“The argument of thelearned counsel is that paragraph 4(6) gives power to the Commission to passonly general orders and not those, which are to be passed as decisions inindividual cases. But there is nothing in the afore-quoted provision to supportit. The expression “where any dispute arises” gives a clear indicationthat the dispute might be between two contesting parties which when becomes agenuine dispute, has to be referred to the Commission. In this case the perusalof the plaint filed by the appellant shows that a dispute had arisen betweenthe parties thereto regarding the carrying into effect of the provisions ofsub-paras.(4) and (5) of paragraph 24 of the Regulation. That being so, thedispute having been noticed by the civil Court there is nothing wrong if theappellant-plaintiff has been referred to the Commission for the resolution ofthe dispute raised before the civil Court. This, it is not contended, was notpermissible under the civil Procedure Code or by Specific Relief Act whereunderthe suit was filed in the civil Court. Although depending upon thecircumstances of each case as observed in some judgments, the civil Court mightdecide a dispute which is to go before the Commission but that would not meanthat the Commission cannot deal with the same under paragraph 4(6) of theRegulation. This Court has in several cases clarified the jurisdictionalquestion. They are, amongst others; Mst. Bibi Avesha v. Chief LandCommissioner, West Pakistan PLD 1966 SC 84, Mst. Hajiani v. West Pakistan LandCommission PLD 1966 SC 114; K.B. Mian Feroze Shah v. Nawabzada Muhammad UmarKhan PLD 1966 SC 340; Nawab Haji Khair Muhammad Khan v. The State PLD 1966 SC604; Nawab Muhammad Farid Khan v. Muhammad Afzal Khan 1968 SCMR 262; NasirAhmad Khan v. Mst. Ismat Jehan Begum 1968 SCMR 667; Mst. Ahmedi Begum v. MuhammadMushtaq Ali Khan PLD 1971 SC 736; Haji Ali Bux Khan v. The Chief LandCommissioner, West Pakistan 1974 SCMR 98; Mst. Hamida Begum v. Mst. Murad BegumPLD 1975 SC 624; Muhammad Umar v. Mr. S.M. Nasim, so be explained Member Boardof Revenue 1985 SCMR 1591. It may some case which come before the High Courtand the Supreme Court in the writ jurisdiction of the High Court might have tobe treated differently (as in the last mentioned case of Muhammad Umar 1985SCMR 1591 than a case coming through a civil Court. While deciding the matterunder Constitutional jurisdiction of the High Court the superior Courts are tobe guided by several considerations including those relatable to theRegulations itself. This aspect of the Constitutional jurisdiction has been highlightedinto recent judgments of this Court in Federal Land Commission v. Mst. ZarinQasha 1984 SCMR 666 and Federal Land Commission, Islamabad v. Said Rehmat Shah1984 SCMR 669. With regard to the jurisdiction of the civil Courts, no doubt ithas to be remarked that as held by this Court earlier in several cases, theseCourts would be competent to decide various questions but subject to thecondition that where the Commission is also competent to determine a matter thefinal decision shall always remain of the Commission. This rule finds practicalillustration in two of the above-referred cases; One, Mst. Hamida Begum’s casewhere the question regarding incompetence of the Commission to determine aquestion was highlighted; and two, the case of Nasir Ahmad Khan where thisCourt kept an appeal pending adjourning it sine die with a view to enable theappellant therein to get “a decision in his favour from the Chief LandCommissioner upholding his objection as to the validity of thetransaction”. The present case is covered by that rule. The differencebeing that the civil Court returned the plaint to the appellant for presentingit before the Land Reform Forum.”
6. The question of jurisdiction was also discussed inSabir Shah v. Federation of Pakistan PLD 1994 SC 738 wherein it was held that”even if the impugned act or action has been protected by Constitutionalprovision by ouster clause, the superior Courts still have the jurisdiction tointerfere with in the three categories of cases, namely, without jurisdiction,corm non judice and mala fides. Notwithstanding an ouster clause in theConstitution or in any other statute, the Courts have jurisdiction in the abovethree categories of cases’. “L.C. Golak Nath and others v. State of PunjabAIR 1967 SC 1643, His Holiness Kesavananda Bharati Sripadagalvaru v. State ofKerala AIR 1973 SC 1461, Minerva Mills Ltd. v. Union of India AIR 1980 SC 1789,Islamic Republic of Pakistan through Secretary, M/o Interior and KashmirAffairs, Islamabad v. Abdul Wali Khan PLD 1976 SC 57, Federation of Pakistanthrough the Secretary, Ministry of Finance, Government of Pakistan, Islamabadand others v. United Sugar Mills Ltd., Karachi PLD 1977 SC 397; FaujiFoundation v. Shamimur Rehman PLD 1983 SC 457; Federation of Pakistan v. HajiMuhammad Saifullah Khan PLD 1989 SC 166; Khawaja Ahmad Tariq Rahim v. TheFederation of Pakistan PLD 1992 SC 646; Mian Muhammad Nawaz Sharif v. Presidentof Pakistan PLD 1993 SC 473; Federation of Pakistan v. Saeed Ahmad Khan PLD1974 SC 151; Federation of Pakistan v. Malik Ghulam Mustafa Khar PLD 1989 SC26; Sindh Quality Control Board of Drug v. 1993 SCMR 1177; Ch. Zahur Ilahi v.Zulfikar Ali Bhutto PLD 1975 SC 383; Amanullah Khan v. The Federal Governmentof Pakistan 1990 SC 1092; Malik Muhammad Suleman v. Islamic Republic ofPakistan PLD 1976 Lah. 1250; Niaz Ahmed Khan v. Province of Sindh PLD 1977 Kar.604; Stephen Kalong Ningkan v. Government of Malaysia 1970 AC 379; Darvesh M.Arbey, Advocate v. Federation of Pakistan PLD 1980 Lah. 206, State v. ZiaurRehman PLD 1973 SC 49.”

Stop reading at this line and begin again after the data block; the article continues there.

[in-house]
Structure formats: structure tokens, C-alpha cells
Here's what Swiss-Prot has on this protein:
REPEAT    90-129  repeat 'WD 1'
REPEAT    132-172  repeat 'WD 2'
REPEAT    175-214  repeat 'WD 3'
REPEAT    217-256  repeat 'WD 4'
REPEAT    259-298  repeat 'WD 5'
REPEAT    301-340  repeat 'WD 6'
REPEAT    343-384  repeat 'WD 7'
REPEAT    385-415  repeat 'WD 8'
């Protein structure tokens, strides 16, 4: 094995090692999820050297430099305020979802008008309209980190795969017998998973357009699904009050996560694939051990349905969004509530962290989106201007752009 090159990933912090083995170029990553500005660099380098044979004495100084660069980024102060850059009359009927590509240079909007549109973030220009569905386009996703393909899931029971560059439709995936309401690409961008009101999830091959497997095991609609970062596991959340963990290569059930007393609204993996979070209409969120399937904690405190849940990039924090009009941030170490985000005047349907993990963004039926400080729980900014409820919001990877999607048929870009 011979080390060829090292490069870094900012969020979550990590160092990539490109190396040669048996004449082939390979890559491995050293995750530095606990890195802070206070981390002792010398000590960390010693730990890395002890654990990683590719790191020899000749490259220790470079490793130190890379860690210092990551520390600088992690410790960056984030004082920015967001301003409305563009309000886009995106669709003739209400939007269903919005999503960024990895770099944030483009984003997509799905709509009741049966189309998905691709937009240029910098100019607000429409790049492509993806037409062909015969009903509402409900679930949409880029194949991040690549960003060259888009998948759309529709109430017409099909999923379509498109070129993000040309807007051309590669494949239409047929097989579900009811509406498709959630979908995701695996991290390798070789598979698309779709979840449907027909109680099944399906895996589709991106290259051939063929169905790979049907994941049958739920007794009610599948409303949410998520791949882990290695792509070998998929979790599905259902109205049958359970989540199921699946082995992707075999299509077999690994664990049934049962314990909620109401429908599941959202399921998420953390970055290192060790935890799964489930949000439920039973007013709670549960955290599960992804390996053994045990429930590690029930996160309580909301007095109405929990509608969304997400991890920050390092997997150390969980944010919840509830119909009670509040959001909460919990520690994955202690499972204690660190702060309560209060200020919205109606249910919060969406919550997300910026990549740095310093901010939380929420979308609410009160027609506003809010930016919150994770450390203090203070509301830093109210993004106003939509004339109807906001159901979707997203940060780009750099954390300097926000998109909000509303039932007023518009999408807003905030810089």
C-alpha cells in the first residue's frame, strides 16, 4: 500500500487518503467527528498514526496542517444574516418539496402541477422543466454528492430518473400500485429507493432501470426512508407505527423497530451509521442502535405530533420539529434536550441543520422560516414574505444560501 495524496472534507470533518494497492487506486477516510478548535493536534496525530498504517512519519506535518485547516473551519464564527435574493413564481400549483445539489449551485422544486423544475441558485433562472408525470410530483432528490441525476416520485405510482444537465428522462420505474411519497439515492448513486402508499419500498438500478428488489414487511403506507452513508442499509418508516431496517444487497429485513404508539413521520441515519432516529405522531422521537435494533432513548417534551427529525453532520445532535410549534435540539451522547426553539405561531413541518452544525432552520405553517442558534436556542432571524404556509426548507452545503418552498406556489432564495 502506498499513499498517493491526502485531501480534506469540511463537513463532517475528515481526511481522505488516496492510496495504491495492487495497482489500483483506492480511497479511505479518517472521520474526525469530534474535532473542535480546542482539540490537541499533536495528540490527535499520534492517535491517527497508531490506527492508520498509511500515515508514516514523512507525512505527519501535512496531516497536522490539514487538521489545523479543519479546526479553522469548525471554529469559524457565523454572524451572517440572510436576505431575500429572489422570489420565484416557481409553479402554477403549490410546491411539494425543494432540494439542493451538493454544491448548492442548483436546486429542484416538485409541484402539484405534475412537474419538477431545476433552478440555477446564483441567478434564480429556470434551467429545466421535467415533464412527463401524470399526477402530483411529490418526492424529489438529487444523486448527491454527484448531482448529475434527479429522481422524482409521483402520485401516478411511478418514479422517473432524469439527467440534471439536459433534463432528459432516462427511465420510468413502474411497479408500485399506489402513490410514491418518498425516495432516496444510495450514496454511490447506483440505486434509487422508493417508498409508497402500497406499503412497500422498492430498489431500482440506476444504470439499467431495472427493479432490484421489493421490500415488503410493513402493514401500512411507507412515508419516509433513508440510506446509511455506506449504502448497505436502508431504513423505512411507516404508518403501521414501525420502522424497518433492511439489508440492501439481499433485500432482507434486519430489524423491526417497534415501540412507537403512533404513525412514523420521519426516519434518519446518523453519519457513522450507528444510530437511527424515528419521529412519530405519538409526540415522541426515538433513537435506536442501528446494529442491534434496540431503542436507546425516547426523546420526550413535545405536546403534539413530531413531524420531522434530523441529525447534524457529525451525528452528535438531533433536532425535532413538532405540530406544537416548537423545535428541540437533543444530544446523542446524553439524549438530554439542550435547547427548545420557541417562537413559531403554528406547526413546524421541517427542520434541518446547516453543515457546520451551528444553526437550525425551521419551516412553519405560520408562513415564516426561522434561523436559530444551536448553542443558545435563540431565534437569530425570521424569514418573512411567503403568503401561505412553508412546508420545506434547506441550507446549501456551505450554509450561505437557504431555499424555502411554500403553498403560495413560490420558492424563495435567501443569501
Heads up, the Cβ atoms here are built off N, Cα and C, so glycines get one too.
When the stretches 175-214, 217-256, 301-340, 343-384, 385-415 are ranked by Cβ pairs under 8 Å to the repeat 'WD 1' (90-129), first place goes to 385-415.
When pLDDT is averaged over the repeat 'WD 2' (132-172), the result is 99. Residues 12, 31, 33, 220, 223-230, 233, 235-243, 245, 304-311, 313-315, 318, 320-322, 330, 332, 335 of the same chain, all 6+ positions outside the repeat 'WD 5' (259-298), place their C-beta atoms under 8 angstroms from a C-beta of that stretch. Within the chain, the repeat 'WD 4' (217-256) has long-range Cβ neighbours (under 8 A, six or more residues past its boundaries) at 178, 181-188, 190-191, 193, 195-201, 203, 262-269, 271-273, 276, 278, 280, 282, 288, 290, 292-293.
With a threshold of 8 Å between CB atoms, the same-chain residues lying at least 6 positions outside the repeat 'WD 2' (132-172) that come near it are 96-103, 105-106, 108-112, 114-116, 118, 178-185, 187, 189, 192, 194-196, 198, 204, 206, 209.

7. On the touchstone of the criterion as mentionedhereinabove the controversy in hand could not have been resolved by the learnedCivil Judge as the order passed by the Chief Land Commissioner, N.-W.F.P.Peshawar was neither without jurisdiction nor coram non judice and mala fides.It is worth-mentioning that jurisdiction of civil Court has been ousted in acategoric manner by the provisions as contained in para.26 of MLR-115 andpursuant whereof plaint has been rejected under Order VII, rule 11, C.P.C. Thequestion of jurisdiction was not controversial as such the framing of issueswould have been an exercise in futility. The appellants should have approachedthe forum concerned available under the hierarchy of MLR-115 for the redressalof their grievances instead of approaching the civil Court as the controversydoes not fall within its domain of jurisdiction. Insofar as the dictum as laiddown in Abdul Rauf’s case (supra) is concerned it hardly renders any assistanceto the case of appellants as it was given in a different context whileexamining the provisions as contained in sections 8, 10 and 60 of the FrontierCrimes Regulation (III of 1901) whereby it was held that if the impugned actionis not in accordance with the provisions of the Frontier Crimes Regulation (IIIof 1901) that can be assailed before the civil Court.
In the light of what has been stated above thejudgment being unexceptionable does not warrant interference. The appeal beingdevoid of merit is dismissed.